A major concert performer once complained to me that it was so difficult to play the war-horses. «It’s so hard to find a fresh approach,» he confided. I immediately had a contradictory reaction to this announcement. First I thought what an unusual person is sitting next to me, because the great majority of performers don’t think at all when they play their Pathetique or Moonlight Sonata or their Hungarian Rhapsodies. (The list of works can be enlarged or shortened, it doesn’t change the point.) These performers do not play what the composer intended, nor do they demonstrate their own relationship to the work, since their own relationship to it simply does not exist. Then what do they play? Just notes. Basically, by ear. It’s enough for one to start and all the rest pick it up. The list of literature played by ear nowadays has expanded to include Prokofiev’s sonatas and works by Hindemith, but the essential approach to the music by these stars has not changed as a result.

So while at first I was simply delighted by the self-critical announcement, my next thought was much calmer. And it went something like this: How can you complain that it’s hard to find a «fresh approach»? What is it, a wallet full of money? Can you find a «fresh approach» walking down the street—someone drops it and you pick it up? This pianist must have taken Sholom Aleichem’s joke seriously. You know, Aleichem said, «Talent is like money. You either have it or you don’t.» And I think that the great humorist is wrong here. Because money comes and goes, today you don’t have any, tomorrow you do. But if you don’t have talent, then the situation is serious and long-lasting.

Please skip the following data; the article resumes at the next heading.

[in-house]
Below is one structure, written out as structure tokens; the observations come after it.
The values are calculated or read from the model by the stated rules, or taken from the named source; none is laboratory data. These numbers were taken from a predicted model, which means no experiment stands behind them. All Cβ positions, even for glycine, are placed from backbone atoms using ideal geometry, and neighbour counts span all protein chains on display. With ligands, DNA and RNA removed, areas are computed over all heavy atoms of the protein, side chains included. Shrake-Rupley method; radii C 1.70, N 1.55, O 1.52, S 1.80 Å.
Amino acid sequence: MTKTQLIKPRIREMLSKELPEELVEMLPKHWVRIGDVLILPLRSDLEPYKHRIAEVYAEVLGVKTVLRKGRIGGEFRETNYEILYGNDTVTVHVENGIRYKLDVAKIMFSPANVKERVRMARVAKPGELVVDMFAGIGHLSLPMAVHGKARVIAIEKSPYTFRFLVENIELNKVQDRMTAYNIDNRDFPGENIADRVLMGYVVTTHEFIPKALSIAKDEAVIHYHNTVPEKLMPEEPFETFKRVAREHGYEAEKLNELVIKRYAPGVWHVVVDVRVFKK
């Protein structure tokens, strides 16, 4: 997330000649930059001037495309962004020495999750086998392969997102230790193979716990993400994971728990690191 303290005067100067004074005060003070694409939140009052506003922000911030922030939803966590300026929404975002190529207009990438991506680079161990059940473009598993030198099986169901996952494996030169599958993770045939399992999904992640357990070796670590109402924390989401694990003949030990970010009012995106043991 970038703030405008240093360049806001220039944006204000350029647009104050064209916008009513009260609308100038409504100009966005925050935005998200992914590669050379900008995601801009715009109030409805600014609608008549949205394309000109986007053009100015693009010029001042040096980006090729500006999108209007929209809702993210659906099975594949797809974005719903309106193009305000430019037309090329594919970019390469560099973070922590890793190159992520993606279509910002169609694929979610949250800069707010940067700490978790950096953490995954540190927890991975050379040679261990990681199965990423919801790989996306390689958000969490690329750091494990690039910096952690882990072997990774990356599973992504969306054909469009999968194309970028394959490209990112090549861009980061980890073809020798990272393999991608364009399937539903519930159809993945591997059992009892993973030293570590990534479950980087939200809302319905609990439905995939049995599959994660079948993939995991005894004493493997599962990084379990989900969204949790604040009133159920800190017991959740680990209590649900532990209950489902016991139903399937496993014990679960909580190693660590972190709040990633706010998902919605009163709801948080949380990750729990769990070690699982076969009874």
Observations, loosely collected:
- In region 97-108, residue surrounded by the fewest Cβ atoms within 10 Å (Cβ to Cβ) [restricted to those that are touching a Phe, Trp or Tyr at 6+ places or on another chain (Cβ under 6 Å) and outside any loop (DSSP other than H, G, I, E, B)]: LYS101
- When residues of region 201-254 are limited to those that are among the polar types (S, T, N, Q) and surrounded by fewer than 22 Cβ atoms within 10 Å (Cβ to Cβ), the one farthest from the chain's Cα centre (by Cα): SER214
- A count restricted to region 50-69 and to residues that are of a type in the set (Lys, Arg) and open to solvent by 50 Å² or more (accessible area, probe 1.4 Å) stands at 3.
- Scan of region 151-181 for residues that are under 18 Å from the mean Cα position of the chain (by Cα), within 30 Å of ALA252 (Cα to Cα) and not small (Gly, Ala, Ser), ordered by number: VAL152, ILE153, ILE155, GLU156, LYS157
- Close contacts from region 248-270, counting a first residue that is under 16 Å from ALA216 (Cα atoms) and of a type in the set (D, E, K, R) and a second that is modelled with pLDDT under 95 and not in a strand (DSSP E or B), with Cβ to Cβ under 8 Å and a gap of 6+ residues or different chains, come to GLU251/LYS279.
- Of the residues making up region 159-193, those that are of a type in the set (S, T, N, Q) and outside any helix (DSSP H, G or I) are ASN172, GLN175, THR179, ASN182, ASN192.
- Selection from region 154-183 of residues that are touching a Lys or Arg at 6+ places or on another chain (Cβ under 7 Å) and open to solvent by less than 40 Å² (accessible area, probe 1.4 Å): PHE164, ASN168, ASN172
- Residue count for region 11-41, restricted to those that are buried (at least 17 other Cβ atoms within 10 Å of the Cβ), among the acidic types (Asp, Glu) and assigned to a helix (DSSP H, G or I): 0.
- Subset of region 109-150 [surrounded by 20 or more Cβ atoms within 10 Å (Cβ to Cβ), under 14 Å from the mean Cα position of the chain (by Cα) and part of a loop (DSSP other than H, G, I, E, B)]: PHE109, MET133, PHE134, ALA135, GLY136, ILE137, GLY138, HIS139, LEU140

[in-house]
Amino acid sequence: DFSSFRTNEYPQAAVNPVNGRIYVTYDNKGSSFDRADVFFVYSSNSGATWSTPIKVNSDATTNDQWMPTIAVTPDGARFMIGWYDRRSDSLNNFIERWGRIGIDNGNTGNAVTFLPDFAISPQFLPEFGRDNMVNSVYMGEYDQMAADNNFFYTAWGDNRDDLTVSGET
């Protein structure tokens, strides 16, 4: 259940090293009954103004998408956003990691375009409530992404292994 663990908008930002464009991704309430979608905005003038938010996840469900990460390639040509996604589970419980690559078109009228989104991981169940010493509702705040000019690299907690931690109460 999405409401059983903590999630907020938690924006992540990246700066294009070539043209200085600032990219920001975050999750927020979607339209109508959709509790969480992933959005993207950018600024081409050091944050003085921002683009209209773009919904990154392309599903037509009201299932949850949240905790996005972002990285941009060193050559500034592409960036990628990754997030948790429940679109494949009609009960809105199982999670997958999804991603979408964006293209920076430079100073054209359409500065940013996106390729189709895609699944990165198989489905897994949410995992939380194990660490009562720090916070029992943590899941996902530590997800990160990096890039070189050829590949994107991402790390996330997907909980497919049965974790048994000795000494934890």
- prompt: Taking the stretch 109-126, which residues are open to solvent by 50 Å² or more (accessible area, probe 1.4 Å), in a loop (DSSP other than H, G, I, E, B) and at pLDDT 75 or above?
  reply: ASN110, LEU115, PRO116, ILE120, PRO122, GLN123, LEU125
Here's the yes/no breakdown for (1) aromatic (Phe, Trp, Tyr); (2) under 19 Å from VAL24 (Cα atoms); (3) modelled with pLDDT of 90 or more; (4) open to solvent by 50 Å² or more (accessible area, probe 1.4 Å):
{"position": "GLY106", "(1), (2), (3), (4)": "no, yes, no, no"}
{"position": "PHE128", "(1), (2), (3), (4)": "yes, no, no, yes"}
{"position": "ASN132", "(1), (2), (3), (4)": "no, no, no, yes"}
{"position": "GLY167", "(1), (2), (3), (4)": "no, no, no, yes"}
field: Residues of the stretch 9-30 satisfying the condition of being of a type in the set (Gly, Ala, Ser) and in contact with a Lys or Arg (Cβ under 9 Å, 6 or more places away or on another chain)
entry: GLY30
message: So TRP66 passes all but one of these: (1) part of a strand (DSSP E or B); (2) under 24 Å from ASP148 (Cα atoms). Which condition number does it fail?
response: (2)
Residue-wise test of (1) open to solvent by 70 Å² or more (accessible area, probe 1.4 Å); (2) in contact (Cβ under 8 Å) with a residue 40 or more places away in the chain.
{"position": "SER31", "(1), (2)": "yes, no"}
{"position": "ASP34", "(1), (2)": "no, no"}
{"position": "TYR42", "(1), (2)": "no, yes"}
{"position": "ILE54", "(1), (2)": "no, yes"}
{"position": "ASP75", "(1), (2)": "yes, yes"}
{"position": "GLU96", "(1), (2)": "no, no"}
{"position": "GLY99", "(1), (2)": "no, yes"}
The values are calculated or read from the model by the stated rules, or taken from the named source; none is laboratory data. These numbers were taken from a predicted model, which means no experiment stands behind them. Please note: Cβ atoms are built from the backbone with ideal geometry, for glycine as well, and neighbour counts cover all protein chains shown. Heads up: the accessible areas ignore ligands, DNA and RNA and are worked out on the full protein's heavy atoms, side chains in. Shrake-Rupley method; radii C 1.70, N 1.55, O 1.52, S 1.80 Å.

Therefore you can’t find a fresh approach, it has to find you. A fresh approach to a work of music, as I have seen time and time again, usually comes to those who have a fresh approach to other aspects of life, to life in general—for example, Yudina or Sofronitsky.
But let’s return to my pianist friend who naively sought a fresh approach without changing his own life. I didn’t want to upset him with my considerations, why upset the man? I had to help him, and I remembered Glazunov’s advice about polyphony in playing.
And I said to him, «Why don’t you show the polyphonic movement in every piece you play, show how the voices move. Look for the secondary voices, the inner movements. That’s very interesting and should bring joy. When you find them, show them to the audience, let them be happy too. You’ll see, it’ll help a lot, the works will come alive immediately.»

I remember that I made an analogy with the theater. Most pianists have only one character in the foreground — the melody — and all the rest is just a murky background, a swamp. But plays are usually written for several characters and if only the hero speaks and the others don’t reply, the play becomes nonsense and boring. All the characters must speak, so that we hear the question and the answer, and then following the course of the play’s action becomes interesting.

And that was my advice to the then already famous pianist, and to my great astonishment, he took it and acted upon it. Success, as they say, was not far behind. He had been considered merely a virtuoso without any particular depth in his playing, but now everyone was proclaiming how intellectual and deep he was. His reputation grew considerably and he even called me to say, «Thank you for a fortunate piece of advice.» I replied, «Don’t thank me, thank Glazunov.»

Testimony. The Memoirs of Dmitri Shostakovich. 1979